Purpose: The aim of the present study was to determine how age-related decreases in serum dehydroepiandrosterone sulfate (DHEAS) levels affect various physiological processes. Methods: We retrospectively reviewed the medical records of patients in whom serum DHEAS levels were measured in our department and assessed the relationships between serum DHEAS levels and various patient characteristics. Results: Among the 149 patients included in our analysis (mean age: 52.7 ± 17.6 years, range: 15–84 years), 54 (36.2%) were men. Serum DHEAS levels inversely correlated with age in men (R = −0.810, p <.01) and to a lesser extent in women (R = −0.391, p <.01). Of note, there were significant positive associations between DHEAS levels and hemoglobin (R = 0.317, p ≤.01) and hematocrit (R = 0.324, p ≤.01) levels, which were observed in men, but not in women. Conclusions: Our study suggests that reduced DHEAS secretion inhibits erythropoietic activity in aging men, perhaps owing to the erythropoietic androgenic actions of DHEAS. Importantly, it suggests that the age-associated decline in DHEAS secretion might decrease erythropoietic activity in aging men. It is also possible that the adrenal cortex, the source of DHEAS, is dysfunctional in anemic men.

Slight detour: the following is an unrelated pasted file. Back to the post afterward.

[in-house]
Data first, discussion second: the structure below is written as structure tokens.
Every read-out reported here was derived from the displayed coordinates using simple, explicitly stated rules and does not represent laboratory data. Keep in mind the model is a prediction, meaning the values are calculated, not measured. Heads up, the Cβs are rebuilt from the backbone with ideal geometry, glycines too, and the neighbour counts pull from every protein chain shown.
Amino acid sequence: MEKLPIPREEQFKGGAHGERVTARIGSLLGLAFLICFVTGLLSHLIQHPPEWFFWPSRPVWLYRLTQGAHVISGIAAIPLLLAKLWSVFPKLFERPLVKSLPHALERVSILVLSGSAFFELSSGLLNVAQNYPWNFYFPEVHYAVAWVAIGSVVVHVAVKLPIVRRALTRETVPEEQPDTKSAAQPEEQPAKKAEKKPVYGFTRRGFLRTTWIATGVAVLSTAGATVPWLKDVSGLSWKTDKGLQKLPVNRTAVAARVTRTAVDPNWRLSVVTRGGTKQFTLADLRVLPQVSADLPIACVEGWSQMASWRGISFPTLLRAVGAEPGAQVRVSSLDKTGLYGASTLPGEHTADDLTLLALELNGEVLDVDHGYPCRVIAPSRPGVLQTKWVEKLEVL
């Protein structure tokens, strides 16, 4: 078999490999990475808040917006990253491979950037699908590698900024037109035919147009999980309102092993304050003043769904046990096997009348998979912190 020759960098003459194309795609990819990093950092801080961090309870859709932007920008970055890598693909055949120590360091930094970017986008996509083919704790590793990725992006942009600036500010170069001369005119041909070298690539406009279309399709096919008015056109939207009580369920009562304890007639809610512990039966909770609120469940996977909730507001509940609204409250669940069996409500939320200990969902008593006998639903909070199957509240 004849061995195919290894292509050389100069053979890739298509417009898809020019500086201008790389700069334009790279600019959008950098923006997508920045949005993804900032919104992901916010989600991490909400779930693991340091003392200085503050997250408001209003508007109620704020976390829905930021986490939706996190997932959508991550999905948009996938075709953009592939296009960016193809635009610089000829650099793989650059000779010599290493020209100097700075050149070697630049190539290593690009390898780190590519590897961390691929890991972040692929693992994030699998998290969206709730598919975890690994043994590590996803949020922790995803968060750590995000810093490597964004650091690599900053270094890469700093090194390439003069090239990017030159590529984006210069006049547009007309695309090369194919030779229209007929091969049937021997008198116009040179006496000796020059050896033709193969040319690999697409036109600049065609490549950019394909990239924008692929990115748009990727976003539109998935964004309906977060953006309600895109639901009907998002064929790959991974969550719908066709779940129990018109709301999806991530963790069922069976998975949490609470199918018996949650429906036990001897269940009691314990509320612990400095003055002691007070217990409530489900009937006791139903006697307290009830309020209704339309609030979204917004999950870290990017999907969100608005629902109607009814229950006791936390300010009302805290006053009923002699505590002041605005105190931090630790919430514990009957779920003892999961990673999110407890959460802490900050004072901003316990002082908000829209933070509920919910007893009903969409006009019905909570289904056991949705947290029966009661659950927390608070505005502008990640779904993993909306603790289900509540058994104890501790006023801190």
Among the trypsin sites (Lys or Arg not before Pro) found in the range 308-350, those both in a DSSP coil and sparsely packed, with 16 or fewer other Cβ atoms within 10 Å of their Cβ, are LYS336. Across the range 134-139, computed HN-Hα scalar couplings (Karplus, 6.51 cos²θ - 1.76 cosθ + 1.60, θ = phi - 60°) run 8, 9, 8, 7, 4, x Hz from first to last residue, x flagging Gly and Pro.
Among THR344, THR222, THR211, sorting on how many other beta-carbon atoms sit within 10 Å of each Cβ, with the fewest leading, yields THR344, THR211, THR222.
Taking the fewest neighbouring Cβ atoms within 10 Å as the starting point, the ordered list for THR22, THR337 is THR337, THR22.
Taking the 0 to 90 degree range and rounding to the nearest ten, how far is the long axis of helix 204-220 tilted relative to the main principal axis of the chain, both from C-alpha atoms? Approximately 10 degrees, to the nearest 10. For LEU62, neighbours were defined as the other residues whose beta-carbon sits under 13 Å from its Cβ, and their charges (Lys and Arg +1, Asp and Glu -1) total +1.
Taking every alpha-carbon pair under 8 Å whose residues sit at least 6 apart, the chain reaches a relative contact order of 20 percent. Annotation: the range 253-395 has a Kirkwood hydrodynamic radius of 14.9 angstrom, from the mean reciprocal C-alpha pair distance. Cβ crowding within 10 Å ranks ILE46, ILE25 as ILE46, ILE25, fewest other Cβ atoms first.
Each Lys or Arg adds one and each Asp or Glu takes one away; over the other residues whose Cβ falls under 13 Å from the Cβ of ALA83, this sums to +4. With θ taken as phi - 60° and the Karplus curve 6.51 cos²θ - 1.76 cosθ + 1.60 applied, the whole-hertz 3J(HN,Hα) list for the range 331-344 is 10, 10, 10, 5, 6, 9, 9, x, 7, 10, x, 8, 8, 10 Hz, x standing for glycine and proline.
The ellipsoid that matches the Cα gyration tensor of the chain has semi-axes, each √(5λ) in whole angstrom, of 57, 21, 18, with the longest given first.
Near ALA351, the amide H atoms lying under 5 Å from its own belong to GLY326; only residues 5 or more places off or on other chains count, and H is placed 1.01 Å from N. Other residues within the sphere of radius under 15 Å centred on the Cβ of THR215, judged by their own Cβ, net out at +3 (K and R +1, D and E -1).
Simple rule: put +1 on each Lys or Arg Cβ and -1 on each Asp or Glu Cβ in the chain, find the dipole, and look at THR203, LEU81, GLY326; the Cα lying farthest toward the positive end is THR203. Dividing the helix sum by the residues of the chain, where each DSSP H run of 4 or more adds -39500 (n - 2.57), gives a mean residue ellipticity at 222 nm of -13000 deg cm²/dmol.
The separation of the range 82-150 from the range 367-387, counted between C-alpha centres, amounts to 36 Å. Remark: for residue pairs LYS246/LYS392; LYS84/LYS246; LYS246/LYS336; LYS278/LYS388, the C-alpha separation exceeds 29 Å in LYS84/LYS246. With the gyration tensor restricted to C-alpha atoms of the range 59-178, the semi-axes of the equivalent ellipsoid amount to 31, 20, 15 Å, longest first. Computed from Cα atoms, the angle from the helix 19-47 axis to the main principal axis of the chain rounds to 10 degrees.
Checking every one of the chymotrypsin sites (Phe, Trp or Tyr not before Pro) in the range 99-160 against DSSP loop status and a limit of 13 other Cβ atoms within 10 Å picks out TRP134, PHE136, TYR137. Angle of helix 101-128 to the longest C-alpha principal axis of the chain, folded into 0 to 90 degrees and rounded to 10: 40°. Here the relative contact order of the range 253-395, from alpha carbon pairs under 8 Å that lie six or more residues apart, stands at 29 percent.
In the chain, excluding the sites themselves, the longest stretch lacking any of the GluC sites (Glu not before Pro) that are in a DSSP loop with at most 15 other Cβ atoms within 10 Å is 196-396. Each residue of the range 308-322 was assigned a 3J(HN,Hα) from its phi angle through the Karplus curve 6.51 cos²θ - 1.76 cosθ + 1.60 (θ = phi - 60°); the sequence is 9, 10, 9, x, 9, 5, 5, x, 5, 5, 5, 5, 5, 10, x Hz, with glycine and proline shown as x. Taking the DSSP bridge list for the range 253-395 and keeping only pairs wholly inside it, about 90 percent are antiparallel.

- dehydroepiandrosterone sulfate
ASJC Scopus subject areas
- Geriatrics and Gerontology